Serving as the fulcrum of an NBA offense is no small task, but Gasol fills the role as well as anybody in the league. He directs traffic with ease, guides teammates into good positions, and essentially hands the ball to them on a silver platter to get buckets.

However, playing that pivotal role might have unintended consequences. This is strictly speculation, but it could be putting Gasol in the wrong state of mind to dominate. An inherently unselfish player, Gasol has proven countless times that he is going to look to pass first when given the opportunity.

He knows the team needs his court vision and passing ability, which makes it difficult for him not to think of passing as his first option when the ball is in his hands. It’s not always a bad thing for Gasol to play the role of a pass-first focal point, but it can frequently be a problem because shooting often seems like a very distant second choice for Gasol even as he has reached the height of his offensive powers. A mental shift is long overdue.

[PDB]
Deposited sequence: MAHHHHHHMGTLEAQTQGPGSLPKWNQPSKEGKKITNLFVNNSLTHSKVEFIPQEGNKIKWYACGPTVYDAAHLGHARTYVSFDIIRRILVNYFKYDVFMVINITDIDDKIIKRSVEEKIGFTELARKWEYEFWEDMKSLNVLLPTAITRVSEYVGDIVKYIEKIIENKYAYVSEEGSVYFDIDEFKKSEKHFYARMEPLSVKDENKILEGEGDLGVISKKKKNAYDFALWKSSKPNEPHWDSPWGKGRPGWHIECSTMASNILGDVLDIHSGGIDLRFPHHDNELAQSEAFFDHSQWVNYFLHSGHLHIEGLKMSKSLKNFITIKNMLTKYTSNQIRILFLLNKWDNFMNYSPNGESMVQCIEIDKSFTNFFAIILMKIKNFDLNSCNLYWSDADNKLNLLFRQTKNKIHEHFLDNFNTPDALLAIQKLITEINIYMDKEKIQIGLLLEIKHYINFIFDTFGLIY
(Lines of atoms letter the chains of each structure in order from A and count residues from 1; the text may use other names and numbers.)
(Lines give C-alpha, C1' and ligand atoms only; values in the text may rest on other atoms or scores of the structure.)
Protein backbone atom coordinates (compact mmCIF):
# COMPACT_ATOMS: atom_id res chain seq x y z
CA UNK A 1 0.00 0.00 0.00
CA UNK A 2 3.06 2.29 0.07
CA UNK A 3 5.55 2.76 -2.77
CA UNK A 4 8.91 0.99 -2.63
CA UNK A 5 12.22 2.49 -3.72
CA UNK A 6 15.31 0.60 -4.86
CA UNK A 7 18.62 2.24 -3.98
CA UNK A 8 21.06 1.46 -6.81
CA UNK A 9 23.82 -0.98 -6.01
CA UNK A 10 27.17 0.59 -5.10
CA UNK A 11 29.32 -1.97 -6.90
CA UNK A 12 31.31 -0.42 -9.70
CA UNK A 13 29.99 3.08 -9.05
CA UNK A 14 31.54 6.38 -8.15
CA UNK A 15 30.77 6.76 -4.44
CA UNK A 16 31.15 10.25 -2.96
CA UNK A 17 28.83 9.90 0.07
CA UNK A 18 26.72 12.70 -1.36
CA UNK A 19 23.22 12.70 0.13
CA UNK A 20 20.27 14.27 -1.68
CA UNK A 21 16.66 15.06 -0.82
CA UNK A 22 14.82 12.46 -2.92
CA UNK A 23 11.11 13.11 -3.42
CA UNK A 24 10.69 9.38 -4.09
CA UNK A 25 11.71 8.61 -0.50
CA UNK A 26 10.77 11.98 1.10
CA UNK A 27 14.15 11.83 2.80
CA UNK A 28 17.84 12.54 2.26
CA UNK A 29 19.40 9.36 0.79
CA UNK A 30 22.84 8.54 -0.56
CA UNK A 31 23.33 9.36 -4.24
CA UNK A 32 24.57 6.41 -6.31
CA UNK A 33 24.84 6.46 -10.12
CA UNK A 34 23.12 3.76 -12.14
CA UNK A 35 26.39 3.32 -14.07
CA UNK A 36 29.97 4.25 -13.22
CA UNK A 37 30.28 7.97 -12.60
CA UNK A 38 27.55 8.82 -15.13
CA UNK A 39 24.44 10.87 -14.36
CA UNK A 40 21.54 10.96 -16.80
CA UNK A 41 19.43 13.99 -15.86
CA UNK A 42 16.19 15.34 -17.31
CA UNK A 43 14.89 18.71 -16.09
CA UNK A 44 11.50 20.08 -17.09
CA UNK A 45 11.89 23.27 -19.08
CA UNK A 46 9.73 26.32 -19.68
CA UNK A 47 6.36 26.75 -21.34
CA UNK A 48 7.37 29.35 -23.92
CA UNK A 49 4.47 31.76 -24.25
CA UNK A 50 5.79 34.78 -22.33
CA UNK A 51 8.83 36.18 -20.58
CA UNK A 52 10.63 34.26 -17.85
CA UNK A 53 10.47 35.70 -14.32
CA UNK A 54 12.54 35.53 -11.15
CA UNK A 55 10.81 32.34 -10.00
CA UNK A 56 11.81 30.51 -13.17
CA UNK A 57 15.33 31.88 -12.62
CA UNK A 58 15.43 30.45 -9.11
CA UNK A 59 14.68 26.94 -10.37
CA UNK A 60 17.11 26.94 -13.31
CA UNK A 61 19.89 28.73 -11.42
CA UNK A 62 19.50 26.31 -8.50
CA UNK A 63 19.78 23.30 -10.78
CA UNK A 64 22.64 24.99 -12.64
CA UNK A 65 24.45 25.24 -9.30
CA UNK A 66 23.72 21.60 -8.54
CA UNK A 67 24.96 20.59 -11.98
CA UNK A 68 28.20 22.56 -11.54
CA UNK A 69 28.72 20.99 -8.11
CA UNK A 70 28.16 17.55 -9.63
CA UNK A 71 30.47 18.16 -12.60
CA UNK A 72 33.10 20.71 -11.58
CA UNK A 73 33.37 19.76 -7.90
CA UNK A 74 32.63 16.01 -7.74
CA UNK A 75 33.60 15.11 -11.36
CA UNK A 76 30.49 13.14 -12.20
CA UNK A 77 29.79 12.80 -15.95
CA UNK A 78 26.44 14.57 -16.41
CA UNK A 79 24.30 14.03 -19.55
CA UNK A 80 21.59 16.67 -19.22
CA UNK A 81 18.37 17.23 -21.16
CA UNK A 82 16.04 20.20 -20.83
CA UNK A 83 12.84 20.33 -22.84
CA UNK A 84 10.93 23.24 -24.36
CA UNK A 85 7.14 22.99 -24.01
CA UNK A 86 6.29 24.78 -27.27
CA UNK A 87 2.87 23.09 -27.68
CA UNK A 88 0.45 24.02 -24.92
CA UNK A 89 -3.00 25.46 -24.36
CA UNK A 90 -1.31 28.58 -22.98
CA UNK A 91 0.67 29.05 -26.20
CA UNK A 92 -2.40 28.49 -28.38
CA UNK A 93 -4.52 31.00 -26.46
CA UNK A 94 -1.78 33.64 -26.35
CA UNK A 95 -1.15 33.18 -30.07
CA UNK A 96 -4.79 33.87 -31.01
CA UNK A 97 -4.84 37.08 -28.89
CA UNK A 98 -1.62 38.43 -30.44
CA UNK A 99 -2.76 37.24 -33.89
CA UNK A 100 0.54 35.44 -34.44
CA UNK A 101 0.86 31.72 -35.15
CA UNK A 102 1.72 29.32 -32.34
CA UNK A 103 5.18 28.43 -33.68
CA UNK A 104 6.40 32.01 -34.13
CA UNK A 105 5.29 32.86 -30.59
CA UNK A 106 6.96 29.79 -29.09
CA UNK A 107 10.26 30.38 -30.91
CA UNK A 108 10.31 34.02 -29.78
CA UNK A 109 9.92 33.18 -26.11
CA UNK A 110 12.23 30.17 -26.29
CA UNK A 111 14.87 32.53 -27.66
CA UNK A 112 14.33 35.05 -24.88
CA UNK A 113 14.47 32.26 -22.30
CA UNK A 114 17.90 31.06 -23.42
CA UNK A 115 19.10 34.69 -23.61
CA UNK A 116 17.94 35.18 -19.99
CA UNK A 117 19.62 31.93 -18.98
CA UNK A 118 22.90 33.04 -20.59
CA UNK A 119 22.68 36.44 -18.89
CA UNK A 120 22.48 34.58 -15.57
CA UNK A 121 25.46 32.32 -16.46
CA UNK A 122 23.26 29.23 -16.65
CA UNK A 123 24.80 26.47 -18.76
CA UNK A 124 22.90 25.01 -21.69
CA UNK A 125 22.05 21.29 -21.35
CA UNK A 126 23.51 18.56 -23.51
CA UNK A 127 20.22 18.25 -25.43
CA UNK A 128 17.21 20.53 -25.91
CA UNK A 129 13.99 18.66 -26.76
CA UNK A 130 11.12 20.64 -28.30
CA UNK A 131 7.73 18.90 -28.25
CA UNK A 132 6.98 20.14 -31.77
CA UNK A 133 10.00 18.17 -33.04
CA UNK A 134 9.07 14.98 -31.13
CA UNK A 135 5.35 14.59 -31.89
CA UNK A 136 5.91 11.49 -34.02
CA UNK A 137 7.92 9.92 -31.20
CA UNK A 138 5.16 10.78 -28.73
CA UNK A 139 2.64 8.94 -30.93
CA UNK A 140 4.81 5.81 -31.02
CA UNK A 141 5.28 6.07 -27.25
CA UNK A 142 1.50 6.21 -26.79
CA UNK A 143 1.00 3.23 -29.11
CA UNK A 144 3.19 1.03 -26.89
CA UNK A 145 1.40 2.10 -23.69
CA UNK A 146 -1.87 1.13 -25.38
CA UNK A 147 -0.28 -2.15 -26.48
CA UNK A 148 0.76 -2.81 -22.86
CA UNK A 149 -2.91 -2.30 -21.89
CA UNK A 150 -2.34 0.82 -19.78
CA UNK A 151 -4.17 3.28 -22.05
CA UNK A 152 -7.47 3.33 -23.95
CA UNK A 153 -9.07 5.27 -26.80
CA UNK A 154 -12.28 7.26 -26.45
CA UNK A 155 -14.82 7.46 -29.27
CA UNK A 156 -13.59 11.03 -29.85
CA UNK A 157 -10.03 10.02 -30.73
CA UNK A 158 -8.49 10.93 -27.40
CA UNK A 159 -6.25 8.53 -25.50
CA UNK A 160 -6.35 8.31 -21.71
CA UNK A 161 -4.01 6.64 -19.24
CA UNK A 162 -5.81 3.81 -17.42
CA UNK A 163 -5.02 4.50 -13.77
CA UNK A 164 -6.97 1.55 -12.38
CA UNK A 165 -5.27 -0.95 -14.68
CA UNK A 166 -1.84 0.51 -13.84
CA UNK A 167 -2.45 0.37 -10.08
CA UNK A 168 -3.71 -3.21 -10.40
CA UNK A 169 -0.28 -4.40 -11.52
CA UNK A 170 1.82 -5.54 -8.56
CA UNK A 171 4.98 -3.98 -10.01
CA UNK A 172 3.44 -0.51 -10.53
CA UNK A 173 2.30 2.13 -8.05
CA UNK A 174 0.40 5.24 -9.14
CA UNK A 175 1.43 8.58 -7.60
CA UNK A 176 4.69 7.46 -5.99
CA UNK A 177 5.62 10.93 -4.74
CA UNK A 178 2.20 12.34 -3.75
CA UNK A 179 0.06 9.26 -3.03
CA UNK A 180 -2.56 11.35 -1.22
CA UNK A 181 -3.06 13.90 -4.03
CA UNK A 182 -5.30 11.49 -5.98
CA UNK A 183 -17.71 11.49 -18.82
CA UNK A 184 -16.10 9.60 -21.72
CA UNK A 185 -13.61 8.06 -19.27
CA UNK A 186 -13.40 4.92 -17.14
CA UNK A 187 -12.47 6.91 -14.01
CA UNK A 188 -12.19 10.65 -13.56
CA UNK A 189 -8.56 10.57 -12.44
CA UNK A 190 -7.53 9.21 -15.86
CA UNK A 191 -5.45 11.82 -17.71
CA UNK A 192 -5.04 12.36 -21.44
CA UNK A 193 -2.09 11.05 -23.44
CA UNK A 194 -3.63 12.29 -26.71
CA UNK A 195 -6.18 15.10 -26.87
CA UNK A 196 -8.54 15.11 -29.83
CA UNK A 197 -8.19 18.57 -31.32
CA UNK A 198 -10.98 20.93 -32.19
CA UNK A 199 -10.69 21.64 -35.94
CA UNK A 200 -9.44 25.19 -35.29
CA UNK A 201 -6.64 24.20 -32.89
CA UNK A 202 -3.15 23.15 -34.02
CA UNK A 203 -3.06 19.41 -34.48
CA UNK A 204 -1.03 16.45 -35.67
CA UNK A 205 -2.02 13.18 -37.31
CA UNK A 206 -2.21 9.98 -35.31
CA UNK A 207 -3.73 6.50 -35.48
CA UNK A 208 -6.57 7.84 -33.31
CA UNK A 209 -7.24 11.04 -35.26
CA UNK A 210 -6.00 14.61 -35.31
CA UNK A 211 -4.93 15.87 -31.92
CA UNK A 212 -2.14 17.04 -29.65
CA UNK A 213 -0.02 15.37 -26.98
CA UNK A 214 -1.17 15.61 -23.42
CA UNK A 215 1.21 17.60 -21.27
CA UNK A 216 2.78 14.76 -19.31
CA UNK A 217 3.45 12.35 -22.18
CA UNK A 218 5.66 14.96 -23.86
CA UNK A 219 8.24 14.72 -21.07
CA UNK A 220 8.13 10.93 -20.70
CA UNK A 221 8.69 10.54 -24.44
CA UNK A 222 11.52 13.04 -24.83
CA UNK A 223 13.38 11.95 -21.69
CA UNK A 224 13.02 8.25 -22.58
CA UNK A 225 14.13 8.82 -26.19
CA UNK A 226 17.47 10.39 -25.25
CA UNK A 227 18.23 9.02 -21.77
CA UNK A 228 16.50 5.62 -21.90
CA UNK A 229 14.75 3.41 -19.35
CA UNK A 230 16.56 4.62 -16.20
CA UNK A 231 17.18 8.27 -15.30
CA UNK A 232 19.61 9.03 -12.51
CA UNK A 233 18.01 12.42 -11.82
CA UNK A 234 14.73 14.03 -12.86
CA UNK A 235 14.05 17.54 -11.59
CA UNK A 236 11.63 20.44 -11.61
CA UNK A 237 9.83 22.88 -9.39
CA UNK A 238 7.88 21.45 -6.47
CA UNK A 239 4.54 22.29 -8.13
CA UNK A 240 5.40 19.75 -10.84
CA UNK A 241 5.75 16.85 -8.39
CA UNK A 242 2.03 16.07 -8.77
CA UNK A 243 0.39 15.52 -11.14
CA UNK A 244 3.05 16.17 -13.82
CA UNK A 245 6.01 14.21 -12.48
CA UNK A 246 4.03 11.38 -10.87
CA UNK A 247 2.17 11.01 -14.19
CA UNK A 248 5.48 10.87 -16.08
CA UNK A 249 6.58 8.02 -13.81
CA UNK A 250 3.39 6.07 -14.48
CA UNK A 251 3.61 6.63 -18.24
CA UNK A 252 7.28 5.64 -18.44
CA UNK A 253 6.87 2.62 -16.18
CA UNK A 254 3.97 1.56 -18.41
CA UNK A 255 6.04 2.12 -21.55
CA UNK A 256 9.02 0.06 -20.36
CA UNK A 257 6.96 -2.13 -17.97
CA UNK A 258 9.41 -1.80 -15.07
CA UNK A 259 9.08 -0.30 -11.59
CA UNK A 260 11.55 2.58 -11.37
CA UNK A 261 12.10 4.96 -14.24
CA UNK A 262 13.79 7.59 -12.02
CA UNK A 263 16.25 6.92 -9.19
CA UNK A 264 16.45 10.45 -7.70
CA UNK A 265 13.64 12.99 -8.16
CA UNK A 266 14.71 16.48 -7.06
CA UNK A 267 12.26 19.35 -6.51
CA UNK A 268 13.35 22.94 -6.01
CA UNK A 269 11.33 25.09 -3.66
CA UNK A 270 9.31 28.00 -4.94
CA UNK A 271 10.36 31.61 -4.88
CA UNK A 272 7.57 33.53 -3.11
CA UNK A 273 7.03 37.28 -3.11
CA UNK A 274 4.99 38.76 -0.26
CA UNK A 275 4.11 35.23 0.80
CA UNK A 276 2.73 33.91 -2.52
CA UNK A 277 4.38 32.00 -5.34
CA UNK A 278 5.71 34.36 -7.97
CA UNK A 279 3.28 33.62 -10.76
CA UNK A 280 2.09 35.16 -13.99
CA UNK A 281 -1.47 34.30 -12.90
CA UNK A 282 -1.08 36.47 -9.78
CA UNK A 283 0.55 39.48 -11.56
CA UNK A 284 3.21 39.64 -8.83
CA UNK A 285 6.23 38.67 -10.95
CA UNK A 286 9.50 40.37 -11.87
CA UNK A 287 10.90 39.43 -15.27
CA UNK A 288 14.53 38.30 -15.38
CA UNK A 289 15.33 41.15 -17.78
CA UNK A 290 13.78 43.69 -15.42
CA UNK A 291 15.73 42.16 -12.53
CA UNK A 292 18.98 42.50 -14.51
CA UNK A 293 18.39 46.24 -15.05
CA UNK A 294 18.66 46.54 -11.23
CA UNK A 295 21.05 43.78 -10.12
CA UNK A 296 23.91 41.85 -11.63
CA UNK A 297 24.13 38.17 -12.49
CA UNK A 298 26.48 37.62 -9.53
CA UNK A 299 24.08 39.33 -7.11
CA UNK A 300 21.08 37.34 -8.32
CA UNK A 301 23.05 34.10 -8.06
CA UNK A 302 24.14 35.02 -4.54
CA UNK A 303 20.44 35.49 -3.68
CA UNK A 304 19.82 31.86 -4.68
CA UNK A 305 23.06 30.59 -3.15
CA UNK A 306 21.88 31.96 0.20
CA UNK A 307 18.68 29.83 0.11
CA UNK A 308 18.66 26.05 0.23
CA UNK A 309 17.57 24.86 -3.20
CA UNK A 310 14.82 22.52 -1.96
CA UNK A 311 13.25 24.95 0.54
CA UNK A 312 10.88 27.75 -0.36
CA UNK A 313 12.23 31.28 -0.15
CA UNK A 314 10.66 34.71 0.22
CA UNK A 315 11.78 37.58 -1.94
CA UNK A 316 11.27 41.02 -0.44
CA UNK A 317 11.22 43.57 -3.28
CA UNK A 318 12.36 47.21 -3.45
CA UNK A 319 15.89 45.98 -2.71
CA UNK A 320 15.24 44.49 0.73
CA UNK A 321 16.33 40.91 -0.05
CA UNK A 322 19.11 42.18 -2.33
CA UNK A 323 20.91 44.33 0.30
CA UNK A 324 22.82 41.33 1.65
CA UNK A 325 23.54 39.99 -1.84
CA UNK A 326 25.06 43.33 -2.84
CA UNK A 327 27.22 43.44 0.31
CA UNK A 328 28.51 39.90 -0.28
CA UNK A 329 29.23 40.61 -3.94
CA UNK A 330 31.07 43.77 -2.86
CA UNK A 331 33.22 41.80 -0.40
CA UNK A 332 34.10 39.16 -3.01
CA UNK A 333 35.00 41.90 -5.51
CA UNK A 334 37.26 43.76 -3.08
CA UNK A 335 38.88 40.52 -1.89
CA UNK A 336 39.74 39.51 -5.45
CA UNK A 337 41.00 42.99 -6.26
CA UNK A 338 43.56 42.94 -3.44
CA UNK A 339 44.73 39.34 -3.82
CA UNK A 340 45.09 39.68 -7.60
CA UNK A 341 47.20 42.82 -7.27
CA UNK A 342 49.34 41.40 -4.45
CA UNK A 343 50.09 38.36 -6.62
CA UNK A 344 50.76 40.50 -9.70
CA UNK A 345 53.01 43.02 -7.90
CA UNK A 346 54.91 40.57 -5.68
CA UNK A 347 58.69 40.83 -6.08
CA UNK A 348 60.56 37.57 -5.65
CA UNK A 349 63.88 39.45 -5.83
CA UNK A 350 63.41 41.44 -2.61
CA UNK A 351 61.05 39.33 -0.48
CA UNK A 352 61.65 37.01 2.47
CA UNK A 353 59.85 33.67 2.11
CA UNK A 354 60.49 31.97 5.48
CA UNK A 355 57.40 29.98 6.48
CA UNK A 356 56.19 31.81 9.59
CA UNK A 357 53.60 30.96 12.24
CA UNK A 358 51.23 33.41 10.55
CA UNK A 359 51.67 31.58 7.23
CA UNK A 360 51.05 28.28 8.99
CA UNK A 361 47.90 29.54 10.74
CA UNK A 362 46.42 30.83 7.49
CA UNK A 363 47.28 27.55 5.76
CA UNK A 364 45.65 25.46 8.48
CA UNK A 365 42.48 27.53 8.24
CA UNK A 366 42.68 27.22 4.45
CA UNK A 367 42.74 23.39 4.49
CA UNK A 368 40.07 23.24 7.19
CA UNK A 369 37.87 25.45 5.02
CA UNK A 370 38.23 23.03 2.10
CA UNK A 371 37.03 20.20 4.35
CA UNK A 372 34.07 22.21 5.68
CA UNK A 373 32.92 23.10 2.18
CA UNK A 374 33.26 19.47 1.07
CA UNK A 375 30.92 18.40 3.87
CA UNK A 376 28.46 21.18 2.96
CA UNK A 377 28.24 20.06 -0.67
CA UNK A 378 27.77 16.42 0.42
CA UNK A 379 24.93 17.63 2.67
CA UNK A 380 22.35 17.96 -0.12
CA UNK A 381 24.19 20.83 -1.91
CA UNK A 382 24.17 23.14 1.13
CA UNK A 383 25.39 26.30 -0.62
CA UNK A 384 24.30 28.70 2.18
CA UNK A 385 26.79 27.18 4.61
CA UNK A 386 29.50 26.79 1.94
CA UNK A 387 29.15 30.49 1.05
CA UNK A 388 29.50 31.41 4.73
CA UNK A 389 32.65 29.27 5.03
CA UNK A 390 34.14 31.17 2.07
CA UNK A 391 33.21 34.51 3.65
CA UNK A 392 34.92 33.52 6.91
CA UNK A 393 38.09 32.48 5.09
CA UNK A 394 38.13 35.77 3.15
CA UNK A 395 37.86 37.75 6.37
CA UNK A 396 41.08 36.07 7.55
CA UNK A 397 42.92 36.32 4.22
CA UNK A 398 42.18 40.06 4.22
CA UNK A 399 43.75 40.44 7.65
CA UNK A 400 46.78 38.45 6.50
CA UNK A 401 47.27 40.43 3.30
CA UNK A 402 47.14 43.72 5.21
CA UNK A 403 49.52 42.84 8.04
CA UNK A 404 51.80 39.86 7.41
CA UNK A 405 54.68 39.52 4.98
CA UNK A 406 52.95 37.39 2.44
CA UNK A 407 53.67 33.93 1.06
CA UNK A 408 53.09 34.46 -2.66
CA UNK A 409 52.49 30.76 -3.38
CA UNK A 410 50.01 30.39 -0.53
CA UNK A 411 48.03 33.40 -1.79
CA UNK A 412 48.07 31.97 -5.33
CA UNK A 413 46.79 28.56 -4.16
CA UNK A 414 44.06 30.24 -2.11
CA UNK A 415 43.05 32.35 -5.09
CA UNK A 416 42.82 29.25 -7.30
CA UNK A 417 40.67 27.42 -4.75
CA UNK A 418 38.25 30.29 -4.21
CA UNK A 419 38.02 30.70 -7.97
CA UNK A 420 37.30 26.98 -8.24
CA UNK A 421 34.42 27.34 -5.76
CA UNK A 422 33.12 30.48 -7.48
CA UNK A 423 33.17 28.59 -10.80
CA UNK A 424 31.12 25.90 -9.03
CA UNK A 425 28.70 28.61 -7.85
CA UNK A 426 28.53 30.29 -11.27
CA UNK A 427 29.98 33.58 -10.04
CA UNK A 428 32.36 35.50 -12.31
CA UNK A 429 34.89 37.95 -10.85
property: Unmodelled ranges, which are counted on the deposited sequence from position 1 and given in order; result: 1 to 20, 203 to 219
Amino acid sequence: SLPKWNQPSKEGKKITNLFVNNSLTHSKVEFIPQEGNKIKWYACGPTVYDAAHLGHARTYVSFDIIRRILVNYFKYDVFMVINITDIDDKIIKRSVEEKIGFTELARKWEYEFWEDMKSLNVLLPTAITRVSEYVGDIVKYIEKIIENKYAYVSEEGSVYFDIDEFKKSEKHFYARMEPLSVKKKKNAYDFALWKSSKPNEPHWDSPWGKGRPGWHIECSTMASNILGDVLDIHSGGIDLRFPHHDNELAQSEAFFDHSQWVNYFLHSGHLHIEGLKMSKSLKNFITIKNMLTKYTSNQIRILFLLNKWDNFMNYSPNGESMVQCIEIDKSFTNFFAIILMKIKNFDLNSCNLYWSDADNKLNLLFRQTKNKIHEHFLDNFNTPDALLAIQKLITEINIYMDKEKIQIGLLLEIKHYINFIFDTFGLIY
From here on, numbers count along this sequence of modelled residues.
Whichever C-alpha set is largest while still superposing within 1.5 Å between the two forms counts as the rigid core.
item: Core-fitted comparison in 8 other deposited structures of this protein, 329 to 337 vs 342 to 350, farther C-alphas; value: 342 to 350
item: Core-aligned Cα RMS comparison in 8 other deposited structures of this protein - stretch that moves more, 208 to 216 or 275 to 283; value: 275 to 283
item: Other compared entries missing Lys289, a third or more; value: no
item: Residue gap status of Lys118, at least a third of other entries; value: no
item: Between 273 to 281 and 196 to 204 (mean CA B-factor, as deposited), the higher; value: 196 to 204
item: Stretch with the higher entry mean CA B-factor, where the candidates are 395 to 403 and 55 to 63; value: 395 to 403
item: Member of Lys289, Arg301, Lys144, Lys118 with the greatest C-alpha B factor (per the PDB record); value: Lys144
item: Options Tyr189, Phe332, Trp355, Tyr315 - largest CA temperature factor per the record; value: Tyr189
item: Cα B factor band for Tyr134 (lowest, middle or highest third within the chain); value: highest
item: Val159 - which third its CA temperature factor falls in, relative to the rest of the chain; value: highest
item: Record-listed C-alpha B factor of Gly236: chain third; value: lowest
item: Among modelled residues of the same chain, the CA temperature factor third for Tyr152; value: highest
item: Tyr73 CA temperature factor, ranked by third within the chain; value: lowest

To be completely fair to Gasol, he has posted more dominant stat lines over the past two seasons than the rest of his career combined. Eight of his nine thirty-point outbursts over the course of his career came in the 2014-15 season and the current 2015-16 campaign. These recent displays of scoring prowess are why more is desired — almost expected — from Gasol at the offensive end.

click to enlarge LARRY KUZNIEWSKI
  • Larry Kuzniewski